Less favourable reviews have a gripe with certain elements of Pigeon English. To some, the 11-year-old perspective and voice of Harri appear “faux-naif”. For many others, it is the overly eloquent addresses by Harri’s guardian pigeon that rankle. A few more insist that the appeal of the young person’s perspective is wearing thin, and Pigeon English is effectively just another The Curious Incident (down to the amateurish murder investigations).

There is however an important demographic from whom feedback on the novel has been lacking: the African immigrant reader that Harri represents. Important because it takes a bit more to win them over – they start the novel most probably taken aback by the prospect of being depicted by a white man.

David Njoku, a Nigerian writer, and winner of the 1995 BBC short story prize, admits: “I came to Pigeon English with a lot of baggage: What gives this white man the right to tell our story? We Africans harbour a secret suspicion that (whites) do not truly regard us as equals. At the end of every expression of respect or admiration – or even of polite greeting – we hear an unspoken snigger, as if we are secretly being made fun of.”

Another reason why the African reader’s critique is vital to discussions on Pigeon English is that they know what it feels like to be Harri- thrown into the deep end of a new culture. Also, Kelman adopts African beliefs, sensibilities and patois; and the book is, to a large extent, a fictional adaptation of the story of a real life individual, the Nigerian boy, Damilola Taylor.

Stephen Kelman explains his reasons for introducing slight distinctions between Harri and Damilola Taylor: “I didn’t want to make the parallels between my fictional story and real events too close.” What informed his choice of a Ghanaian protagonist was among others, the fact that “there is a growing presence of Ghanaian immigrants in the area in which I lived during the writing of the book, and I was able to draw on that for inspiration.”

It must have been a useful resource  for a  writer who has never visited Africa, but yet had a “story that won’t stop nagging” to tell about Africans, to have neighbours who call scary things “hutious”, admonish each other to “advise yourself” and tease their friends as being “dey touch”. But the major consideration was access to the character: “Ghanaians (and Nigerians) share a West African sensibility that is similar in some ways, a colonial past and English as a second language.”

While, however, argots like “bo-styles”, “asweh”, “hunger idey kill me”, “gowayou” and “dey touch” might have been inserted with enough frequency to satisfy the Western reader; to  West African readers  their syntax have often been noticeably wrong.

And it is this that Njoku points out as the novel’s main flaw. “I struggled to find affection for this book for a long time. Being of West African origin myself, I found it very hard to get past the jarringly ungrammatical pidgin English. Yes, pidgin English has rules as strict as those of any other language.”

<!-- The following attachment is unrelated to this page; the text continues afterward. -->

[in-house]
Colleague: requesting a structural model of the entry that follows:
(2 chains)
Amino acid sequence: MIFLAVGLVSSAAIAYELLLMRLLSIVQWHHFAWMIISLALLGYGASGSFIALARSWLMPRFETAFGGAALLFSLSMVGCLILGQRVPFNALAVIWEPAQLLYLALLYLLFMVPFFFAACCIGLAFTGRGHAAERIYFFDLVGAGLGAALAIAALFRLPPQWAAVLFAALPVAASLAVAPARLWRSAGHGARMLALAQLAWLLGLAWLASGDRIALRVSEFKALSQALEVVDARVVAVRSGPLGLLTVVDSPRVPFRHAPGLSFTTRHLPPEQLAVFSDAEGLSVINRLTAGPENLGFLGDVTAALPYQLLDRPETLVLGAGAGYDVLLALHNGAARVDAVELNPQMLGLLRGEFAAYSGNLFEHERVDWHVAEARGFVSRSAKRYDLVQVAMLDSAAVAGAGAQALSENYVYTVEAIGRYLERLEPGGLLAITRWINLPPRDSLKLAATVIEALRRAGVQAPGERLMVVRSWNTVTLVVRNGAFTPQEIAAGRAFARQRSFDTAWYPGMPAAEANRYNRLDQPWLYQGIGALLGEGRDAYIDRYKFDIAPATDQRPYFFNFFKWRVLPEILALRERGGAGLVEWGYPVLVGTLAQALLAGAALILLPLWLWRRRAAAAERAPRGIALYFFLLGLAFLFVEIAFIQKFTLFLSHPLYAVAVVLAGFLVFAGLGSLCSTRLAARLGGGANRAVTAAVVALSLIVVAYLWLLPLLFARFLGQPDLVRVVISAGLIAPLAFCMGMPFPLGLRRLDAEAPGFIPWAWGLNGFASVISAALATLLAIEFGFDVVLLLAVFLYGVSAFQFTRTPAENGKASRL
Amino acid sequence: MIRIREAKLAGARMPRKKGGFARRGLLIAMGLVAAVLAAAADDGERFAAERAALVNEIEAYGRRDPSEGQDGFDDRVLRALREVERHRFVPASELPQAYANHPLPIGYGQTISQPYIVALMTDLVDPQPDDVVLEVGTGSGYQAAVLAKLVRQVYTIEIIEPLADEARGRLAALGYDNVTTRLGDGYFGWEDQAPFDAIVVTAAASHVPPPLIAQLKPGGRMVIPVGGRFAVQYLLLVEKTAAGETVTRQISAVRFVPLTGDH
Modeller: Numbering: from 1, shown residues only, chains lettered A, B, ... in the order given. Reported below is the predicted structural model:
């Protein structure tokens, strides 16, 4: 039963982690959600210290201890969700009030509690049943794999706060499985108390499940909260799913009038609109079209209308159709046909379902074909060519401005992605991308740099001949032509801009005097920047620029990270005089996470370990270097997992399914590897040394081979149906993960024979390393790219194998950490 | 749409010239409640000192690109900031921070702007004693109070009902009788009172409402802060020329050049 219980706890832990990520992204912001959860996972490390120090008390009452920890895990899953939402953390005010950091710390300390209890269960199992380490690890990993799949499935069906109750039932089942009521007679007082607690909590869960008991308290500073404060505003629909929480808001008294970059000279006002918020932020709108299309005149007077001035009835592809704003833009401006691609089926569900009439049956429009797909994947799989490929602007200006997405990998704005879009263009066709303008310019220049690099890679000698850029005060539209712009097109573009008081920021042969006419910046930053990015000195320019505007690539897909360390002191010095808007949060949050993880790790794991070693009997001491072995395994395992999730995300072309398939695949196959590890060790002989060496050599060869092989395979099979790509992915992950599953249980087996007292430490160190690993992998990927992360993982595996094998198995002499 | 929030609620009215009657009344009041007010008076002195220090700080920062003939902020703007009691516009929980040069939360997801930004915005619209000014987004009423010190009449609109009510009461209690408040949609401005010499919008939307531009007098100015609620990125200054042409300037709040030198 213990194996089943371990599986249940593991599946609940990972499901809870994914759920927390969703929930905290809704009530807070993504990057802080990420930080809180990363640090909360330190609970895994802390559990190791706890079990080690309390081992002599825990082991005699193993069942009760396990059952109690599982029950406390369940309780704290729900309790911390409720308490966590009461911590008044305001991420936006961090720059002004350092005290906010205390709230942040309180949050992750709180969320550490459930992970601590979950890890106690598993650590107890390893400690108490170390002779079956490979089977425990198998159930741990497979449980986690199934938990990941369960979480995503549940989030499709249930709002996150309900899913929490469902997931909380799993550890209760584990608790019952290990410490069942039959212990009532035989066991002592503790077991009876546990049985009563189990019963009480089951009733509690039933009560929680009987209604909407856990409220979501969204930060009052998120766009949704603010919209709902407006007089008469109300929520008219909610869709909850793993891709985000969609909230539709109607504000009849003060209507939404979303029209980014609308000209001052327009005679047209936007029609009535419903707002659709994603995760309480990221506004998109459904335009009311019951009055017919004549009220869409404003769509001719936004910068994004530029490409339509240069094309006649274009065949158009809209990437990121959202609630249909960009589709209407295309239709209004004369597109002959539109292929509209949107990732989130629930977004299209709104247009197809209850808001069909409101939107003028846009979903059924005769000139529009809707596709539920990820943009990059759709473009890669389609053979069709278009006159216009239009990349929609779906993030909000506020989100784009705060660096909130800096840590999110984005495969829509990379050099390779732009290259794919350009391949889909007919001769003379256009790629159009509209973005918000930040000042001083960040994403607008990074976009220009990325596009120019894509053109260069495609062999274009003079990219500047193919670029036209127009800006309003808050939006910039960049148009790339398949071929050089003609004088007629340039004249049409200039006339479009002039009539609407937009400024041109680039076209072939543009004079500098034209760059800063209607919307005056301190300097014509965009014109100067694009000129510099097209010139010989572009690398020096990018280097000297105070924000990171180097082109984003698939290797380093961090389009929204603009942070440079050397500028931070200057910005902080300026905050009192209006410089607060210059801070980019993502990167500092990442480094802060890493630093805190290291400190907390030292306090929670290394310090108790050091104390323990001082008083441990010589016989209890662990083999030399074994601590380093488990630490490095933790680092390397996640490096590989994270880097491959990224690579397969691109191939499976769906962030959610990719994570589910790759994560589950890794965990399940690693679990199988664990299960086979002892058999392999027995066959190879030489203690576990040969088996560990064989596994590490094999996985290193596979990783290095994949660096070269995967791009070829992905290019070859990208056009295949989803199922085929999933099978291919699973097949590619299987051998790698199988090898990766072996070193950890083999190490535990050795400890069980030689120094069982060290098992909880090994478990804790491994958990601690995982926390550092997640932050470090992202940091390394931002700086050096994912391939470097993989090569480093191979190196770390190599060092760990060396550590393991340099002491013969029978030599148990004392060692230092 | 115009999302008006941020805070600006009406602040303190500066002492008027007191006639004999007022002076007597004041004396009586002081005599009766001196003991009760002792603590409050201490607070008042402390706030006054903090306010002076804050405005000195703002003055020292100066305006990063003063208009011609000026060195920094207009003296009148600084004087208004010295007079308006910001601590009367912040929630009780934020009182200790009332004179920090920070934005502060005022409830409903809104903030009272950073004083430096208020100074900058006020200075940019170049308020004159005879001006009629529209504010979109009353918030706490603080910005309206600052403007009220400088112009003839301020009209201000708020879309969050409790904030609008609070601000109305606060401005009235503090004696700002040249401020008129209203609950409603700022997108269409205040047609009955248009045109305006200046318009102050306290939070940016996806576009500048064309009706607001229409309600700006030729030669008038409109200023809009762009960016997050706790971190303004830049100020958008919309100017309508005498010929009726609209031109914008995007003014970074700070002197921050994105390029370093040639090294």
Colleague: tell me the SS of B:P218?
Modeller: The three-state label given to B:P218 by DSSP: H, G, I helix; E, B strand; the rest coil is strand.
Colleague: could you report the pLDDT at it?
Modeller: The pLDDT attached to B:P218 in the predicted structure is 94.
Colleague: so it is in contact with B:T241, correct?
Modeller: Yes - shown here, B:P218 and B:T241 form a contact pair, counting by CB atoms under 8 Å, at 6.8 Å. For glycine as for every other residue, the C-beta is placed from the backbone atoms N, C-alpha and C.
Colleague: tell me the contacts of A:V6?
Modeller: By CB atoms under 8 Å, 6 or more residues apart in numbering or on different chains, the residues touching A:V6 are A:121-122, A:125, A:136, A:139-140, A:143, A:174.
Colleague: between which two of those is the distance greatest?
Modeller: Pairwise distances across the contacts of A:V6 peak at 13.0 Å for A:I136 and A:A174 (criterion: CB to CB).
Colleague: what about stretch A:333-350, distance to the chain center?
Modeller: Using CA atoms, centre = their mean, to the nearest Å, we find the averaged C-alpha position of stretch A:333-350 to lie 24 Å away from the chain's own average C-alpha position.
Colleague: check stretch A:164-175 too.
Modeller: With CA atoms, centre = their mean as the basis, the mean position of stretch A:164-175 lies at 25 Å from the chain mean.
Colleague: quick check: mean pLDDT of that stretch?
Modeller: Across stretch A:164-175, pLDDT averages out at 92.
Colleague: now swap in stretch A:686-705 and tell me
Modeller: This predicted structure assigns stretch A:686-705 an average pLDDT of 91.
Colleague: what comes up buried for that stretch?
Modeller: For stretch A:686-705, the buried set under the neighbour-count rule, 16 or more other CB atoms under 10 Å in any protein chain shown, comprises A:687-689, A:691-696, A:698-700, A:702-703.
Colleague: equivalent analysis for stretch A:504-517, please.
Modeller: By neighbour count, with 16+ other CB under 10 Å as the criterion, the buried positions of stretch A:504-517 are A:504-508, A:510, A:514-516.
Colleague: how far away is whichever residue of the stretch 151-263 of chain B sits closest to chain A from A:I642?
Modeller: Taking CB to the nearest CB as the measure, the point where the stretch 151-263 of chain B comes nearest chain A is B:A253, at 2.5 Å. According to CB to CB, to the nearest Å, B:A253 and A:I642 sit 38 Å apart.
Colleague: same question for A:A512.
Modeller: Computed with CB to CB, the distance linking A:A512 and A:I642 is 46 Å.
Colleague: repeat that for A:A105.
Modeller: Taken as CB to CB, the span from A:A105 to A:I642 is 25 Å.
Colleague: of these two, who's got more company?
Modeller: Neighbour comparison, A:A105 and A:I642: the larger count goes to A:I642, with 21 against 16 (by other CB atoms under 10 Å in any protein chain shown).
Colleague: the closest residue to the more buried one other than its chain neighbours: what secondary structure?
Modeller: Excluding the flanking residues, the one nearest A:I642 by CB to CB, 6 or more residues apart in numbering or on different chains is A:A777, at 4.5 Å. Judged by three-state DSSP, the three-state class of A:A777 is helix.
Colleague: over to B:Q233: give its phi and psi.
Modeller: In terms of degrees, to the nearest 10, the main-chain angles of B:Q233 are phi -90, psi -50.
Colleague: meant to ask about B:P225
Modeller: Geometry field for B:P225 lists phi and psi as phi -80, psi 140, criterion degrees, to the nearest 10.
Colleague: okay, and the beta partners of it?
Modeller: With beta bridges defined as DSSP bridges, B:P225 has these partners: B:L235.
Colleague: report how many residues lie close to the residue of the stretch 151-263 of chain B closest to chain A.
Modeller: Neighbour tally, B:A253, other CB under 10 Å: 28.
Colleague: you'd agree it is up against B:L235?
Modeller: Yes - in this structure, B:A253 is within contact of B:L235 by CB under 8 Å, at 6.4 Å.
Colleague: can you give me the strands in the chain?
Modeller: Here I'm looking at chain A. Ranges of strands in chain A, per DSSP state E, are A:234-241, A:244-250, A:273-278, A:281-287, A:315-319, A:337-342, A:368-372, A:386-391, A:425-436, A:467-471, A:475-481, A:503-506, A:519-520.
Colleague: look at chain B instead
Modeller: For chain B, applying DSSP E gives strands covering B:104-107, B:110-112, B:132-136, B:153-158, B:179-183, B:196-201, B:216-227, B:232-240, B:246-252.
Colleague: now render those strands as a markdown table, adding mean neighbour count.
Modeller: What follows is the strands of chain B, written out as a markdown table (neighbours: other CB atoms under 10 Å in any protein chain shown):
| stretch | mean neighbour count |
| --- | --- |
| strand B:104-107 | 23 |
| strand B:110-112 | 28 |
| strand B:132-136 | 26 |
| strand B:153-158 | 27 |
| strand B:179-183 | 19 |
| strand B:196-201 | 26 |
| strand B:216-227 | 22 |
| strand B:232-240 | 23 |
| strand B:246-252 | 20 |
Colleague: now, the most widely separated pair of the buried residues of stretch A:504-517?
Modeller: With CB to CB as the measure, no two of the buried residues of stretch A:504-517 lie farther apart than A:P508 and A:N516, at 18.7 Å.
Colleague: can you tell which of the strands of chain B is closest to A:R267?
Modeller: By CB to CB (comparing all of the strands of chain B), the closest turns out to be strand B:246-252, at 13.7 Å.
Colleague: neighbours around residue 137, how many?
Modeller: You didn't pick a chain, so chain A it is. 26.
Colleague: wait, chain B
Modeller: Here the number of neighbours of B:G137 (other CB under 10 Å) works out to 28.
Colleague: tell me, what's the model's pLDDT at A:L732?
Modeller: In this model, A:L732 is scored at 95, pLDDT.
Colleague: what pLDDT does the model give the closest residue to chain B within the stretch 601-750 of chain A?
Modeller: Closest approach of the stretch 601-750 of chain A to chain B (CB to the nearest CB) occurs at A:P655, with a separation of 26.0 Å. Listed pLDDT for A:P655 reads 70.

The internet may have afforded Kelman the opportunity – through online dictionaries and language guides – to contextualise many of the expressions he had picked up from his neighbours, but it takes a long time to understand the nuances of a language, as the novel’s lapses prove.

This begs the question: should authors even try to write across racial and ethnic demarcations without having first-hand experience of the culture they are depicting?

Nigerian journalist, Tolu Ogunlesi says writers need not be “disqualified” from writing about a place because they are not from there, and his opinion is hinged on the possibility that foreigners may acquire a better knowledge of a place than some of its indigenes. “Michael Peel (author of A Swamp Full of Dollars, a non-fiction account of Nigeria’s oil region) was a Financial Times journalist based in Nigeria. There are chances he knows more of Nigeria than I do,” says Ogunlesi.

Lola Shoneyin, author of The Secret Lives of Baba Segi’s Wives, admires the brilliance of foreign writers in capturing the geographical ambience of Nigeria even if they unwittingly “project Western thoughts and behaviours to their characters.”

Njoku however thinks that the idea is precipitate. He explains: “I am still a little unsold on the idea of a white man attempting to see through the eyes of a black man. Far too often that turns the black man into a caricature. And our wounds from our joint history are still too sore for that.  Give it another 100 years.”

That being said, Kelman does many things right with Pigeon English. What some may criticise as the overuse of the word “even” and his occasional displacement of prepositions are clever tricks by Kelman to root his first person narrative more firmly in a child’s milieu, especially that of the West African child. Also, he wisely dispenses with the clumsiness of “he said”, “she declared” by employing drama-style colons to attribute expressions to a character. This helps make the dialogue less cumbersome and more childlike.